I had started out as an Art/Painting major at another school.  During my freshman year I got a job in graphic design, and I knew that's what I wanted to do...
Melissa Mykal Batalin '06
EMAC gave me a breadth of study which became invaluable to me in my current job at DreamWorks Animation...
Eli Bocek-Rivele '06
The EMAC program taught me some of the necessary software to succeed in the field, along with many new ways of visualizing things and creating new ideas...
Christina Ciani '10
Certain courses taught me to look at everything from different perspectives, and that ... a situation may call for a non-traditional approach...
Kirk Duwel '03
I had the opportunity to work with feature animation right through graduation...
Adam Gaige '07
EMAC gave me an understanding of concepts and theories that I use every day in my career...
Josh Goldenberg '10
The diversity of classes I took while attending RPI as an EMAC student allowed me to discover my ideal career path...
Chris LaPointe '10
The EMAC program definitely prepared me for graduate school because it gave me an excellent foundation for a graphic design career...
Steve Lucin '08
It is unique that we receive a B.S. rather than a B.A. I think this opens a lot more opportunities...
Kimberly Gomboz '09
Being an EMAC major gave me the communication background needed for my job...
Emelie Hegarty '09

Presitigous annual award for outstanding research paper is presented by American Sociological Association

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Kathleen Ruiz

This is a representative list of faculty teaching EMAC core courses. For a comprehensive list, please see the specific departmental websites at www.arts.rpi.edu/ and www.cm.rpi.edu/ .

Kathleen Ruiz

Associate Professor

Photo of Kathleen RuizPhoto of Kathleen Ruiz

Associate Professor of Integrated Arts

  • abd, European Graduate School for Interdisciplinary Studies EGS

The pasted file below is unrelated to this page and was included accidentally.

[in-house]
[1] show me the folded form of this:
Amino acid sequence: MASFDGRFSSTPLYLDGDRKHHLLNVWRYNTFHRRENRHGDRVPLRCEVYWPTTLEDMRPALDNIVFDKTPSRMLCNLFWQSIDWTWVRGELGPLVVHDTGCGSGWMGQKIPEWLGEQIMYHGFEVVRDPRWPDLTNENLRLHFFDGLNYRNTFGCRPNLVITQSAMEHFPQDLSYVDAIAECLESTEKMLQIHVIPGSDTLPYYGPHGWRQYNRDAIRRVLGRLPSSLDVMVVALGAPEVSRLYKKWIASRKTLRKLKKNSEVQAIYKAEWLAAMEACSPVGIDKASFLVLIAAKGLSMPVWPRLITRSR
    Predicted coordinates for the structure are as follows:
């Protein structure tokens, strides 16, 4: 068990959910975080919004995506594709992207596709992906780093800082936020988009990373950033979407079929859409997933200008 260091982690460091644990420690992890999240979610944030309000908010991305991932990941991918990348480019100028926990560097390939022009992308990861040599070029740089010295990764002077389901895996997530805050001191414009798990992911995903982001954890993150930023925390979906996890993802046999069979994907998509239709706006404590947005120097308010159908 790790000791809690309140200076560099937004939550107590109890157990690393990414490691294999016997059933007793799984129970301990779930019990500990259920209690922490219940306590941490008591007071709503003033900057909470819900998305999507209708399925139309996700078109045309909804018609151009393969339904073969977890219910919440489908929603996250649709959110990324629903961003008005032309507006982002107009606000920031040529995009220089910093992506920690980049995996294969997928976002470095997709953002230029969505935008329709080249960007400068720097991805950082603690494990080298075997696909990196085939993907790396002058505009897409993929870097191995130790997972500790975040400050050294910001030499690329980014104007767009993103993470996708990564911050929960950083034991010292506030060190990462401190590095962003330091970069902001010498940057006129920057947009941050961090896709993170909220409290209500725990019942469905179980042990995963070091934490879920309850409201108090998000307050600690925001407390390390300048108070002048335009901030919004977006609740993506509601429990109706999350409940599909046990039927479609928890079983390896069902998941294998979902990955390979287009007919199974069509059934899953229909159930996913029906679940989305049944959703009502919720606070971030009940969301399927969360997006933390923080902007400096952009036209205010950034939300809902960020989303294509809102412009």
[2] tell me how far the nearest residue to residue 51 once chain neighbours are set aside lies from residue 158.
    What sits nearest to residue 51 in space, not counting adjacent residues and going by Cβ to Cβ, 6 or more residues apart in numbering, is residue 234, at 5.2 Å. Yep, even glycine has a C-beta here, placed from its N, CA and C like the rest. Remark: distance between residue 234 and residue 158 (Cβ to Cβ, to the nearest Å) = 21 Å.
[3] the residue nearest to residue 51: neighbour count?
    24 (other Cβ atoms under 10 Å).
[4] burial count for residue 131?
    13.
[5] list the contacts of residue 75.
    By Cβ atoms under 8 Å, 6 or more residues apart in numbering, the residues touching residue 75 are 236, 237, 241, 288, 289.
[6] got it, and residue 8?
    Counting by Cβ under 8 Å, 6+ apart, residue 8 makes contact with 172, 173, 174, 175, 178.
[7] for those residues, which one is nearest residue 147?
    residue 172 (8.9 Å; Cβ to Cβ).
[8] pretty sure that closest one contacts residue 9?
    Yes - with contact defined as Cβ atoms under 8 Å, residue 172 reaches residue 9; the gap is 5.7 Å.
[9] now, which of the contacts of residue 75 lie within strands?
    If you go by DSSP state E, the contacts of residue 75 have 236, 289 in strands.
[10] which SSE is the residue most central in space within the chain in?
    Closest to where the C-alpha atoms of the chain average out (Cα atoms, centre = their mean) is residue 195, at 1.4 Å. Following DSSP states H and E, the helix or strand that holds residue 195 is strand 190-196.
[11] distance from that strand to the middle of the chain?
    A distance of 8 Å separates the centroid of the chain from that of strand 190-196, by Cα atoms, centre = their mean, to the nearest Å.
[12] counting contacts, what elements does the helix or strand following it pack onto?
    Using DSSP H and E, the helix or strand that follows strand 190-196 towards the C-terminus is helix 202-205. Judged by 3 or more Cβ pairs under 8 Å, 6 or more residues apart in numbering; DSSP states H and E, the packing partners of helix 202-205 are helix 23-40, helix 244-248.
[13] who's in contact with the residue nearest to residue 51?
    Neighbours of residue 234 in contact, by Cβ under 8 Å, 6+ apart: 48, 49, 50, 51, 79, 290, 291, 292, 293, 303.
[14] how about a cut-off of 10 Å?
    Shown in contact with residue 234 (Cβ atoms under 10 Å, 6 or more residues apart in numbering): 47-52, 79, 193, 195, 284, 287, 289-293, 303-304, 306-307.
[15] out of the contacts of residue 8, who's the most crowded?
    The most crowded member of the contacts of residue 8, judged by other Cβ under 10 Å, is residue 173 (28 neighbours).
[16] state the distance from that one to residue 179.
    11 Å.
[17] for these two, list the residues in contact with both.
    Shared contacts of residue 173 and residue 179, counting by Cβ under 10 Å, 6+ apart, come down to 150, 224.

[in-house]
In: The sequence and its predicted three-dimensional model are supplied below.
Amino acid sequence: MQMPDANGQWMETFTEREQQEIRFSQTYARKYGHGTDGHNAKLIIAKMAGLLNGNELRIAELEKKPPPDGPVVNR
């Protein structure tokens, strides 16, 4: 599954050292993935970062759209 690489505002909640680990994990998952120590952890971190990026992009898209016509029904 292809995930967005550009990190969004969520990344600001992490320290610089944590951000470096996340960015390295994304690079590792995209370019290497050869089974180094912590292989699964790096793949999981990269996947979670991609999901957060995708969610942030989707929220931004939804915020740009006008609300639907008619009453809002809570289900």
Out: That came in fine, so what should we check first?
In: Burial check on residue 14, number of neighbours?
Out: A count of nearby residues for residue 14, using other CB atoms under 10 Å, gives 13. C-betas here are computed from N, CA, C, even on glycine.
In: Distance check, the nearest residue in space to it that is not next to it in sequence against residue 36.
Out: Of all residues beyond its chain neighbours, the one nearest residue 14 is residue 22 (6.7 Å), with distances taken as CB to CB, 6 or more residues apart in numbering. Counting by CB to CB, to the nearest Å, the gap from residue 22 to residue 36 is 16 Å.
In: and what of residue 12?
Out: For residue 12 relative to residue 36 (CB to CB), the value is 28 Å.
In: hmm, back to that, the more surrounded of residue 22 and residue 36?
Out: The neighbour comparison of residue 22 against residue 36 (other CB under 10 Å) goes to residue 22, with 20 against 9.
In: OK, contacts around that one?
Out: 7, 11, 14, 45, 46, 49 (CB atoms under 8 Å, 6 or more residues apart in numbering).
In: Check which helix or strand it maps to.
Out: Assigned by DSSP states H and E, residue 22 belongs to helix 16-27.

• M.A., New York University

Kathleen Ruiz is a media artist who creates simulations, games, installations, sculpture and photography. Her work explores issues about perception, behavior, interaction and the confluence of the imaginary and the real, inviting inquiry into how conceptual constructs are built and how they serve to shape ethics and power. Ruiz poses questions about the oxymoron of virtual violence, catharsis, and desensitization in simulated space. She provides us with simulated places where multiple viewpoints can be explored and expanded, while challenging us to simultaneously perceive the perspectives of the observer, the observed and the process of observation.

“It is amazing to see the world from multiple viewpoints, or to experience a place or a space from a different trajectory, or to look at a simple object in different ways, or to discover a ‘new’ world through a telescope, a microscope, or other instrument. Perhaps even more exciting is the attempt to approach a deeper understanding of another person’s outlook and how they came to that particular understanding,” Ruiz said. “I create art with simulation technology, sculpture and photography where one’s own perspective can be expanded to simultaneously perceive perspectives of the observer, the observed and the process of observation.”